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Logo of nihpaAbout Author manuscriptsSubmit a manuscriptHHS Public Access; Author Manuscript; Accepted for publication in peer reviewed journal;
 
Nature. Author manuscript; available in PMC 2013 December 13.
Published in final edited form as:
PMCID: PMC3683358
NIHMSID: NIHMS463907

The Bromodomain Protein Brd4 Insulates Chromatin from DNA Damage Signaling

DNA damage activates a signaling network that blocks cell cycle progression, recruits DNA repair factors, and/or triggers senescence or programmed cell death.1 Alterations in chromatin structure are implicated in the initiation and propagation of the DNA damage response (DDR).2 We further investigated the role of chromatin structure in the DDR by monitoring ionizing radiation-induced signaling and response events with a high-content multiplex RNAi screen of chromatin modifying and interacting genes. We discovered that an isoform of Brd4, a bromodomain and extra-terminal (BET) family member, functions as an endogenous inhibitor of DDR signaling by recruiting the condensin II chromatin remodeling complex to acetylated histones via bromodomain interactions. Loss of this isoform results in relaxed chromatin structure, rapid cell cycle checkpoint recovery and enhanced survival post-irradiation, while functional gain of this isoform compacted chromatin, attenuated DDR signaling, and enhanced radiation-induced lethality. These data implicate Brd4, previously known for its role in transcriptional control, as an insulator of chromatin that can modulate the signaling response to DNA damage.

Detection and repair of damaged DNA is integral for cell survival and accurate transmission of genetic information to progeny. Defects in the DDR contribute to oncogenesis and genomic instability in tumors3,4 and render tumor cells sensitive to DNA-damaging cancer therapy.5 Early signaling events that trigger and transduce the DDR occur in the context of chromatin, and it is likely that modulation of chromatin structure plays a role in DDR signaling.2 Histone proteins are known targets of DDR post-translational modification,2,6 but a detailed understanding of the role of chromatin modulation in the DDR is lacking.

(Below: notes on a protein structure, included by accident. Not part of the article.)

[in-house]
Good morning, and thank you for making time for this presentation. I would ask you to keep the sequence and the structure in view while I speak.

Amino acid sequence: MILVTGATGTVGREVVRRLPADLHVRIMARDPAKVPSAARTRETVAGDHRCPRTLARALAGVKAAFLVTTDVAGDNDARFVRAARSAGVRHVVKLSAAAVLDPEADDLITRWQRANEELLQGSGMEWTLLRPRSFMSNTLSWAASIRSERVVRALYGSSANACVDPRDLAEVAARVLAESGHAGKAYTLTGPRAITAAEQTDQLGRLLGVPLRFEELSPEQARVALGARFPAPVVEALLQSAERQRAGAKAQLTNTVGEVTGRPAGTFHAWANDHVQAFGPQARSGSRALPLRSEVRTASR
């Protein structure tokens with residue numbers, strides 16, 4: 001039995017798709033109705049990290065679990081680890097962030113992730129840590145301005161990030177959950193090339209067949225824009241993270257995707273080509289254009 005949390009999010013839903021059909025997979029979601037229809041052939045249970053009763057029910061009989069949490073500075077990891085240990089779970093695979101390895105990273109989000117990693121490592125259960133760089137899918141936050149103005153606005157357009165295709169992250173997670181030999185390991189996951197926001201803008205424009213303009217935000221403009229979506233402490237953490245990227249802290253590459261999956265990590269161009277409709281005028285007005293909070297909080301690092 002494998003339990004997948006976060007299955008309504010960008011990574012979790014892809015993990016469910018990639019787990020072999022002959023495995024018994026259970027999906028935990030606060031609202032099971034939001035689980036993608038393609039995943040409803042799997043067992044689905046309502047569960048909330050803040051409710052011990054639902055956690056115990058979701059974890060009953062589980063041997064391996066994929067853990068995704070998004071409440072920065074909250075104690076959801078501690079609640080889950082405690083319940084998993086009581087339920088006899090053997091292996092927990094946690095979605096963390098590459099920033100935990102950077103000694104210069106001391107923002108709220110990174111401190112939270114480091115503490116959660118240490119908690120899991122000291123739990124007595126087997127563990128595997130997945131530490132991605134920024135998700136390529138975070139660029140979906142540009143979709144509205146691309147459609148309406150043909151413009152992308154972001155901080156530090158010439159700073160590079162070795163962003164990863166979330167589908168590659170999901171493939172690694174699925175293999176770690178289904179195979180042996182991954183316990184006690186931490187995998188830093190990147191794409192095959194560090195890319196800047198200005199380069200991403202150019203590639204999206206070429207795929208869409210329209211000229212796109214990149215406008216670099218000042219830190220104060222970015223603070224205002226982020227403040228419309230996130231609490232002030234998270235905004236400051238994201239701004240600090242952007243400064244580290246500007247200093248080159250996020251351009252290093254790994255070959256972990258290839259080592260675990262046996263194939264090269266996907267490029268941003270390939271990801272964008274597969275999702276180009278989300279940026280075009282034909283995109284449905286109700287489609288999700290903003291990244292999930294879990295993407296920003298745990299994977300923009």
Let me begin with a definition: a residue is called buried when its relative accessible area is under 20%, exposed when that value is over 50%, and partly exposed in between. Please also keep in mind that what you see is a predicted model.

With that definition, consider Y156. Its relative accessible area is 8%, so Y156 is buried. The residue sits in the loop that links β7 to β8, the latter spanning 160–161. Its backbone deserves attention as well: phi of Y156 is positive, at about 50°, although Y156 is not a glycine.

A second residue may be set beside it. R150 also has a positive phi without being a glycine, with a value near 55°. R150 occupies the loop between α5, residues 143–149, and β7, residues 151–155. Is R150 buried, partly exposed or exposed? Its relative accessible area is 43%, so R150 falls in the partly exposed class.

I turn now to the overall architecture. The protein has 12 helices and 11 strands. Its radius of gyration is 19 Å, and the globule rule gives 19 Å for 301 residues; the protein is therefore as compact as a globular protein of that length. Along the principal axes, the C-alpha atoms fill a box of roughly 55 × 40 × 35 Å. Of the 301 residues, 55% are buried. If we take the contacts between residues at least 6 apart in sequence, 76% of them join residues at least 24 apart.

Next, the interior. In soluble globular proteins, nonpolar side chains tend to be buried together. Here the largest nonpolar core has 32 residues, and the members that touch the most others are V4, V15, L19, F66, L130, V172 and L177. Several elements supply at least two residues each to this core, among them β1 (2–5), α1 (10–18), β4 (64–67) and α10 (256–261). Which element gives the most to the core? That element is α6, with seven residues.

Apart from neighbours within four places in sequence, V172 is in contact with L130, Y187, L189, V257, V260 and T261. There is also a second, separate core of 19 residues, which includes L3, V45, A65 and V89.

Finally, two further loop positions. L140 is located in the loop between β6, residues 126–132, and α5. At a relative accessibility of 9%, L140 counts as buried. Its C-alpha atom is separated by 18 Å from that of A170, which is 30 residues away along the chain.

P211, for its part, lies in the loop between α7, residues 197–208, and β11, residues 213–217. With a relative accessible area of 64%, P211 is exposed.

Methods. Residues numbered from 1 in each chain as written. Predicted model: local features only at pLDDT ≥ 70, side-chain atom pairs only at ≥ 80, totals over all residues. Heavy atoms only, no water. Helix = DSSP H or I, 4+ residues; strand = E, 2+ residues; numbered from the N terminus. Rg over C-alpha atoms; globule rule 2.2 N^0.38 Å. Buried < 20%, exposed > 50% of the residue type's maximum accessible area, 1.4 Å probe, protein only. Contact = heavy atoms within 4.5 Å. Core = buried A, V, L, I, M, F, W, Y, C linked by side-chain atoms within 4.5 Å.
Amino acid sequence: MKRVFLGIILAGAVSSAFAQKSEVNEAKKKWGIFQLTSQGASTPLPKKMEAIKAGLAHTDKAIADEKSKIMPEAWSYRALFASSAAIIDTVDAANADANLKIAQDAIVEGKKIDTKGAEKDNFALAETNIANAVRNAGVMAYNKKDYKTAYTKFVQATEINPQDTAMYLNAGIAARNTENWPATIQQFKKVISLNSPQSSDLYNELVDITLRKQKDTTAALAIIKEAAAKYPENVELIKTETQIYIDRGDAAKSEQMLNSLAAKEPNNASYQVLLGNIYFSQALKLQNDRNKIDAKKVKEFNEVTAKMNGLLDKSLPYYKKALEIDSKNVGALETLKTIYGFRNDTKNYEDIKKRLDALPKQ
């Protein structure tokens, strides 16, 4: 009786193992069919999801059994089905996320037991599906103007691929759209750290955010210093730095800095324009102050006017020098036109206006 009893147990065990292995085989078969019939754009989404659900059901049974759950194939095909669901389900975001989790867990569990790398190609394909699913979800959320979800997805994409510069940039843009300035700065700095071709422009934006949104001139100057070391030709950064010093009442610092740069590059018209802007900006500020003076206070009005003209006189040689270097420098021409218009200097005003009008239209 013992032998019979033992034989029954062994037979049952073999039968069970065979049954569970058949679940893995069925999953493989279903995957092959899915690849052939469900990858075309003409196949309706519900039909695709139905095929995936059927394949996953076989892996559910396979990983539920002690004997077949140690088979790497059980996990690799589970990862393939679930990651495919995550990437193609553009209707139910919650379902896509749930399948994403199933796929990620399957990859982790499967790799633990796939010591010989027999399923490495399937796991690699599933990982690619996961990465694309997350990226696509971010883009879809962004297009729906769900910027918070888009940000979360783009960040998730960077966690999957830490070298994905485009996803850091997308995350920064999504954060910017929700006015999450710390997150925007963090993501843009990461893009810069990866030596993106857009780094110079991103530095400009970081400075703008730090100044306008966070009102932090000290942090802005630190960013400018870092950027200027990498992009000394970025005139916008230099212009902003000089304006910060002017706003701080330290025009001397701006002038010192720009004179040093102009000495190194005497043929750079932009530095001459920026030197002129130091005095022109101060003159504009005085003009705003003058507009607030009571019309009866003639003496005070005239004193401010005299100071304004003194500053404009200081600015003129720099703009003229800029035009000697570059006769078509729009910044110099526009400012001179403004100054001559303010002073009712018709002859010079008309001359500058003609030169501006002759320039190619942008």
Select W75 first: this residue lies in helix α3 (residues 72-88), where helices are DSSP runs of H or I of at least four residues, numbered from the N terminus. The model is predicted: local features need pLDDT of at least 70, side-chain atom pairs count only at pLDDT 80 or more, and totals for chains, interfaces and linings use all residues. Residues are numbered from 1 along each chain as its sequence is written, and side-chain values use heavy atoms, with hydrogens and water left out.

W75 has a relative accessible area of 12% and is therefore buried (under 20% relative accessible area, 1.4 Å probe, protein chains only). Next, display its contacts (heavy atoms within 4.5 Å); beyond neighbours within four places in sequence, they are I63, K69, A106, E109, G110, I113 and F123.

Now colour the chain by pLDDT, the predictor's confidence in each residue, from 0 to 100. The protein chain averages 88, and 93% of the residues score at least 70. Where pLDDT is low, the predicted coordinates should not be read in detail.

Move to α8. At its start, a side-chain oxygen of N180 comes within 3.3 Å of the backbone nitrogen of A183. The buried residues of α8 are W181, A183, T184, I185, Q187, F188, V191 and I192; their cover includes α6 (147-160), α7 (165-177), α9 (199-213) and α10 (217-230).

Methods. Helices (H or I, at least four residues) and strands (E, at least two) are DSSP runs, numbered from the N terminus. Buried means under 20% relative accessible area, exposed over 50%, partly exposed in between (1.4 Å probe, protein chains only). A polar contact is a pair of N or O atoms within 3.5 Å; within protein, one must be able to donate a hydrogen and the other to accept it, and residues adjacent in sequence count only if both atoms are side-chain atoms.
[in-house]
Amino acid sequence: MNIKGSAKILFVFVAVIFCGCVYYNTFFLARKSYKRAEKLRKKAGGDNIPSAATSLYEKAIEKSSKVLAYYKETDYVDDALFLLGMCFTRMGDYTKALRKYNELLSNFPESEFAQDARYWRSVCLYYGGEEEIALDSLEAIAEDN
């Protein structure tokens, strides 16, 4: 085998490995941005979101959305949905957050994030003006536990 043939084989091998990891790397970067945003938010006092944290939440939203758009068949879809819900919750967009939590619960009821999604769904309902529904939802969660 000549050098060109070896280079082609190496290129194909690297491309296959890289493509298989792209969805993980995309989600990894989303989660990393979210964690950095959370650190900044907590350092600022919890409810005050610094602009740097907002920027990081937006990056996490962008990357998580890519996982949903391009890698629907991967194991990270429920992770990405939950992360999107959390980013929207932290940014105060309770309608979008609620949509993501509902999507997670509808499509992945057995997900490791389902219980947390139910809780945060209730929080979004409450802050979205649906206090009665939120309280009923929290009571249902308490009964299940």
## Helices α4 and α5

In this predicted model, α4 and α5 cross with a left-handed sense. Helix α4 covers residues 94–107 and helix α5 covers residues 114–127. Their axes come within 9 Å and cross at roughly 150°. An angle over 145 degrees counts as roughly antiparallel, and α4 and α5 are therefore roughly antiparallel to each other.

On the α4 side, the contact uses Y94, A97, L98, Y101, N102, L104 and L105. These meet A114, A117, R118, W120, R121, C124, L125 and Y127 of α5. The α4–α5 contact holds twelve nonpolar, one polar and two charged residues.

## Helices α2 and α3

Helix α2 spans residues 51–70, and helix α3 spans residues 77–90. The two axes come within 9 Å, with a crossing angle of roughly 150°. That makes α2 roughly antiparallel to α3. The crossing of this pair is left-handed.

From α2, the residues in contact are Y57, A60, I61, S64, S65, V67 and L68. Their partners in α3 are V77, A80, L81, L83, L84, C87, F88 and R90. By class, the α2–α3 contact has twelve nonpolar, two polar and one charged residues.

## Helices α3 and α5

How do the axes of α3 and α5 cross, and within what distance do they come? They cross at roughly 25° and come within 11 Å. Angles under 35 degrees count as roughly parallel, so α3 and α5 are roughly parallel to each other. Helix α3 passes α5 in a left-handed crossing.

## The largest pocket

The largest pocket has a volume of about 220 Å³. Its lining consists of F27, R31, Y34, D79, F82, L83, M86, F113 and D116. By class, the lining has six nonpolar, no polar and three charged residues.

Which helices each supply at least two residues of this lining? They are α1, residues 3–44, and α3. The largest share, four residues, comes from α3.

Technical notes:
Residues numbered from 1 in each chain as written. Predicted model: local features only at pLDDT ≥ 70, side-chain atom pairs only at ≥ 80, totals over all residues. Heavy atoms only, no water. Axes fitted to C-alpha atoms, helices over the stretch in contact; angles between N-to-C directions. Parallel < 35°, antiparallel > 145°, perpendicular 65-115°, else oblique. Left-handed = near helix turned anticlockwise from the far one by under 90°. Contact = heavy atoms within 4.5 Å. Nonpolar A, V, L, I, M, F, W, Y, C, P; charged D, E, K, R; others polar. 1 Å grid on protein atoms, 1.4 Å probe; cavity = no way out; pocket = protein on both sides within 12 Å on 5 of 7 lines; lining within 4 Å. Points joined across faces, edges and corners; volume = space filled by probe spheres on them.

To explore the role of chromatin modulation in the DDR, we developed a high-throughput, high-content quantitative microscopy assay multiplexed for early and late DDR endpoints, and applied this to an RNAi library focused on proteins that interact with and modify chromatin (see full Methods).7 For each time point, cells were co-stained with γH2AX antibodies to measure early signaling events in the DDR; Hoechst 33342 to monitor cell cycle progression; and phospho-histone H3 (pHH3) to measure mitotic entry. At the latest timepoint, cleaved caspase-3 (CC3) was substituted for pHH3 to measure apoptotic cell death. The screening assay was validated with small molecule inhibitors of DDR signaling as well as RNAi directed against known components of the DDR pathway (Supplementary Figs. 1–4).

The most pronounced increase in γH2AX foci number, size and intensity following IR was observed at 1 and 6 hr after knockdown of Brd4; this remained elevated at 24 hr (Fig. 1a,b, Supplementary Fig. 4). Eight hairpins directed against Brd4 showed this effect, making off-target effects unlikely (Fig. 1a, Supplementary Fig. 4). Neither Brd4 knockdown in the absence of irradiation (Fig. 1b) nor knockdown of other bromodomain-containing proteins (Figs. 1b, Supplementary Fig. 4) significantly altered γH2AX. Increased IR-induced γH2AX after Brd4 loss was further confirmed using siRNA oligonucleotides targeting additional independent Brd4 sequences (Fig. 1f, Supplementary Fig. 5).